As can be seen in the above graph, the impact of the Medic update was immediately noticeable, but the most dramatic drop in traffic only happened in September 2018, with a visible recovery starting in March 2019. So, what did we learn, and what can you do to fix a Medic update penalty affecting your own site?
Focus on Trust
Whenever Google happens to confirm an algorithm update, they always remind website operators to remain focused on building great content, and the Page Quality section of Google’s Search Quality Evaluator Guidelines refers extensively to E-A-T, an acronym for Expertise, Authoritativeness, and Trustworthiness. While Google values a high level of expertise, authoritativeness, and trustworthiness on any site, it is particularly important for Your Money or Your Life (YMYL) sites. YMYL sites are sites that provide medical, legal, or financial advice, sites that allow the purchasing of products or services, and other sites where the advice or service provided could have an impact on your health, happiness, or financial stability.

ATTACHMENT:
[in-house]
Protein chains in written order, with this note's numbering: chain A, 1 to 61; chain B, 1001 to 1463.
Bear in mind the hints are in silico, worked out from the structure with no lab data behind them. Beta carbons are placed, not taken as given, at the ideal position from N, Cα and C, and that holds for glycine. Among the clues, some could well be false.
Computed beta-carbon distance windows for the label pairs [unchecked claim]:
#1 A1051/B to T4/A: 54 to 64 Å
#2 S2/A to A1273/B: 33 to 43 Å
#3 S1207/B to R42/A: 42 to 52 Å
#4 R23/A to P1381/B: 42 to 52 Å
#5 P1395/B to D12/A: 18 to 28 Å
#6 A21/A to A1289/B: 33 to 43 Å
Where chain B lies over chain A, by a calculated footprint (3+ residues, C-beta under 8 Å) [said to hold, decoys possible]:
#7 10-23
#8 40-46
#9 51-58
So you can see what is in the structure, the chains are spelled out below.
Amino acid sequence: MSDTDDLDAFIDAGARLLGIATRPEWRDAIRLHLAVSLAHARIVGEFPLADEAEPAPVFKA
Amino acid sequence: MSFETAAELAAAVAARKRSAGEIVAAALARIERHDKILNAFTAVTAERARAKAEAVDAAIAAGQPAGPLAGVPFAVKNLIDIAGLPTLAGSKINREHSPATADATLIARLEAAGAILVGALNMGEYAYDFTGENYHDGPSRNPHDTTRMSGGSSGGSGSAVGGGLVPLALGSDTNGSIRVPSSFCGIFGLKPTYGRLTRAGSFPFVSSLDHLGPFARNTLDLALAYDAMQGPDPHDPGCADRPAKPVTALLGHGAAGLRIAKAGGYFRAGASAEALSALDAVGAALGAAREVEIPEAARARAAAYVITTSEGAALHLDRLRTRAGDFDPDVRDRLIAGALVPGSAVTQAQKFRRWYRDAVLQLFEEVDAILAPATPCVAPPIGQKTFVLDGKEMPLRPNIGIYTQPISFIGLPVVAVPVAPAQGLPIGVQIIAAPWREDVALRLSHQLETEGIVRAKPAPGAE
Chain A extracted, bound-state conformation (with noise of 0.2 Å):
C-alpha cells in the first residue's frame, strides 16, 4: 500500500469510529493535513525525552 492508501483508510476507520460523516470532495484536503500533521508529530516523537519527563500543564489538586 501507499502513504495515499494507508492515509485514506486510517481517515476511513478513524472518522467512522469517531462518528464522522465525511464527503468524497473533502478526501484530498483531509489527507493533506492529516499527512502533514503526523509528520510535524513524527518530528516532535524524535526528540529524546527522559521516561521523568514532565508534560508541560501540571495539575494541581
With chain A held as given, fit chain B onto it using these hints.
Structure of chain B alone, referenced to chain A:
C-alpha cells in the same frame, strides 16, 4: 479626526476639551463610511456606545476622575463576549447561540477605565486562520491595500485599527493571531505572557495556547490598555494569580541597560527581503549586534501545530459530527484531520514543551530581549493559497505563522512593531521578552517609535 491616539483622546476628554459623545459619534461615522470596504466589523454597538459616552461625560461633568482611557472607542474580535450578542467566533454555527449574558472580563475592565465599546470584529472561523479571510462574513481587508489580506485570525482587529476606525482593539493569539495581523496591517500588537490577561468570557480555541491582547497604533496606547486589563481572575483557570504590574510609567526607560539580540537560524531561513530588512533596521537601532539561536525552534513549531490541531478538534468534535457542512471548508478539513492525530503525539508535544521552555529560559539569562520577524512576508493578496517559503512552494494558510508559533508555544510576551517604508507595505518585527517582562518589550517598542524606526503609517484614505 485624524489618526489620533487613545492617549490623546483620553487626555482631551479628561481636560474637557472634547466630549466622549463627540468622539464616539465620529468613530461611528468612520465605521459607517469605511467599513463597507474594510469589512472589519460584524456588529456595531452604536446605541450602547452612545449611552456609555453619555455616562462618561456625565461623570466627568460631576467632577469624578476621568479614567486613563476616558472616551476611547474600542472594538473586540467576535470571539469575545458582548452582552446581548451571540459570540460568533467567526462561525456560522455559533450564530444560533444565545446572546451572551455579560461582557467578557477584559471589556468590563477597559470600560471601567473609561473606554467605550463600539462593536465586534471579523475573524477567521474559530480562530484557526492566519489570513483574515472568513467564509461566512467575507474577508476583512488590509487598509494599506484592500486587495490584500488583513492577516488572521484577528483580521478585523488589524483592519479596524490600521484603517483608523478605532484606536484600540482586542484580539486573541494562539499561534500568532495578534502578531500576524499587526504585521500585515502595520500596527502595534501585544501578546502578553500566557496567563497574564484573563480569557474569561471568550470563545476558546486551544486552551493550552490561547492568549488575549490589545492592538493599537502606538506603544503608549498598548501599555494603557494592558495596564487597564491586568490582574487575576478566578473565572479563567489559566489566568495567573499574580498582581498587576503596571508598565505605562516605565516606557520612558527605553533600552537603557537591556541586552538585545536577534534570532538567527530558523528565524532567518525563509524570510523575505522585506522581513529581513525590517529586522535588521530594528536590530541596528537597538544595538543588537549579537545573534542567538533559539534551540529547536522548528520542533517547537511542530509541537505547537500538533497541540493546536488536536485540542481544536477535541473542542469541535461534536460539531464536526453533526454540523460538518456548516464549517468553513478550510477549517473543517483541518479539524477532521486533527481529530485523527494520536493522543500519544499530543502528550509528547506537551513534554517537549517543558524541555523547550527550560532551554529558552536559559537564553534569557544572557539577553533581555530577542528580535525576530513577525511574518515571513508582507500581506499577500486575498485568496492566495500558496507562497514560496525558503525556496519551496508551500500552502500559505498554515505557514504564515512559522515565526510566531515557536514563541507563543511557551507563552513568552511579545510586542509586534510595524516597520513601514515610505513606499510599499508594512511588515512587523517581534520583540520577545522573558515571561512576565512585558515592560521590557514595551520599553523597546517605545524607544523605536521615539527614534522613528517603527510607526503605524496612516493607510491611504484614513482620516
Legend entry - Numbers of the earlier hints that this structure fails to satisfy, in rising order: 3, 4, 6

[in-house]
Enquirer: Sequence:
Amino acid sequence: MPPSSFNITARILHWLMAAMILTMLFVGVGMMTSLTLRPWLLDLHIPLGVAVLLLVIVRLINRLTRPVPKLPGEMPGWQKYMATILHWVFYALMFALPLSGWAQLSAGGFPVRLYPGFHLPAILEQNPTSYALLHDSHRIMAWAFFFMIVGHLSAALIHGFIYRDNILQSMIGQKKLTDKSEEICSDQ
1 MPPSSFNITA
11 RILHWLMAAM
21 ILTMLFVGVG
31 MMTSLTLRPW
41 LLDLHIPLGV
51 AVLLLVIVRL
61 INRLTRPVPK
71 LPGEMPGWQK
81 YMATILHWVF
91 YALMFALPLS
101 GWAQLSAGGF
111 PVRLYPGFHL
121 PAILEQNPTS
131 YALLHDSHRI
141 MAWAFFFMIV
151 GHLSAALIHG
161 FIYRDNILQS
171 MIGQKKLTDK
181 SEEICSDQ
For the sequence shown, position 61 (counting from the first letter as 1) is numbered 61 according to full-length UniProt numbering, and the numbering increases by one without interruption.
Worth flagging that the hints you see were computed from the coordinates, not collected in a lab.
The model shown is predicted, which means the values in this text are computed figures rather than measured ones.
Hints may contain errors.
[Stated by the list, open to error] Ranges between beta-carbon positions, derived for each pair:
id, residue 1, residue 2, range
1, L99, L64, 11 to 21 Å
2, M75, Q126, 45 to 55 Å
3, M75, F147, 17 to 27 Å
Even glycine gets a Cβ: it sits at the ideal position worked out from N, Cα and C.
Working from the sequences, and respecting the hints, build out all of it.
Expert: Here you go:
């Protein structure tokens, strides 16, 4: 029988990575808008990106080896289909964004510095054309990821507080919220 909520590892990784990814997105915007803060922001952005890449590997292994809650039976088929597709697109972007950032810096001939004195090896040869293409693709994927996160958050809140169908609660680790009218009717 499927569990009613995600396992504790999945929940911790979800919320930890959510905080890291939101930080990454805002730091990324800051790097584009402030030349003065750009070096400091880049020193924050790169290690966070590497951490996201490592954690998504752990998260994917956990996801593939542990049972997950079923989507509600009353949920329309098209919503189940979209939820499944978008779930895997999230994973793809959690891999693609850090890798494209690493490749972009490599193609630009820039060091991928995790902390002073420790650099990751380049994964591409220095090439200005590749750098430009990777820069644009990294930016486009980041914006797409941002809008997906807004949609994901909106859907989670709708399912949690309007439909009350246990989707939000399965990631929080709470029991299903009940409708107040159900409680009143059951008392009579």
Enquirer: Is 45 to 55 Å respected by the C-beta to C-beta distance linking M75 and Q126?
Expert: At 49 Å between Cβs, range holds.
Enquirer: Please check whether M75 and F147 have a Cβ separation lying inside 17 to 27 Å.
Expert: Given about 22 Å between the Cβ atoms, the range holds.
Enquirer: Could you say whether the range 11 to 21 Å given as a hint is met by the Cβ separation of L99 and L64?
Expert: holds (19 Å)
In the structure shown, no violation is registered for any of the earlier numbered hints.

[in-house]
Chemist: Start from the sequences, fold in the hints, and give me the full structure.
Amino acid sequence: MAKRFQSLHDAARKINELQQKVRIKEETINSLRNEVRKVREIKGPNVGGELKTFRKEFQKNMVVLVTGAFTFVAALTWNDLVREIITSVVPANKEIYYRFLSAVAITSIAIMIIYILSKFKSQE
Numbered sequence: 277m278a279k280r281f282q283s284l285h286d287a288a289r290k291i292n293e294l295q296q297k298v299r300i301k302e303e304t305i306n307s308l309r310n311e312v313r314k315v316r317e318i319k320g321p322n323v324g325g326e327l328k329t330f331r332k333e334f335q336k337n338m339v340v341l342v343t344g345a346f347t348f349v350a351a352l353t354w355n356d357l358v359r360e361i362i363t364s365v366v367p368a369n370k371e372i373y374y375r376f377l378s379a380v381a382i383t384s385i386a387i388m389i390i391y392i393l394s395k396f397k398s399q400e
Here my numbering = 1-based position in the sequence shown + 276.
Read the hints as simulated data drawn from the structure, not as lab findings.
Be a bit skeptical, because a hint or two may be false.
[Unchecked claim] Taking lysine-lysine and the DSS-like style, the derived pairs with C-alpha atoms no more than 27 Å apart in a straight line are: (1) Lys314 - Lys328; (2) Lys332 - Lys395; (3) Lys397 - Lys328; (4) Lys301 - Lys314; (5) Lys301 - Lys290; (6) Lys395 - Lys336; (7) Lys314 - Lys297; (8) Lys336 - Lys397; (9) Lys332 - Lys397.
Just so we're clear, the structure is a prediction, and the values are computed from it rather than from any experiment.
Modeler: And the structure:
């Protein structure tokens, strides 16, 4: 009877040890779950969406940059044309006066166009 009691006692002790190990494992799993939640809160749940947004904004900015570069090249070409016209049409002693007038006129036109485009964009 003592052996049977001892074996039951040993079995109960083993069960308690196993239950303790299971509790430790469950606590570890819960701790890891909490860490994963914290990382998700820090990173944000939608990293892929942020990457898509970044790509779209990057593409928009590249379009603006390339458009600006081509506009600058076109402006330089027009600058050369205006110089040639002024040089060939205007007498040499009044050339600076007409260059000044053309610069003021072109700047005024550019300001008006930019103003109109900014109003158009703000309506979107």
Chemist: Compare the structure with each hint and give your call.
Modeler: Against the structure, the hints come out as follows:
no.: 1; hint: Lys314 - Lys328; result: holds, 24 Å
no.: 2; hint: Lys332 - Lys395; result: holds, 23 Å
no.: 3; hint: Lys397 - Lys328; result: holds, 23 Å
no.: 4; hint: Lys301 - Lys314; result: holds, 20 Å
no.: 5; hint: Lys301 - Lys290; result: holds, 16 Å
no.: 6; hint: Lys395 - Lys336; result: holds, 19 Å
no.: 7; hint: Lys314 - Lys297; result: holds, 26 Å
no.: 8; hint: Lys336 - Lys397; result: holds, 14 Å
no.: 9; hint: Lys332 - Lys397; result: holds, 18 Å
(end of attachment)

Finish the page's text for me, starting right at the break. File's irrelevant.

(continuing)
One the easiest ways to establish trust is to ensure your site includes clear and detailed information about the business and the people involved. Make sure the physical address and telephone number(s) for the business are easy to find on the site, and that it matches any other mentions of the address and telephone number found elsewhere on the web, such as Google My Business and other business directories. Reassess your contact page, making sure it isn’t just a contact form, but instead includes details of all the ways in which your customers can contact you. If you have a dedicated customer service or support department, include direct contact details for them if possible, and if your business has multiple branches, include full address and contact details for each.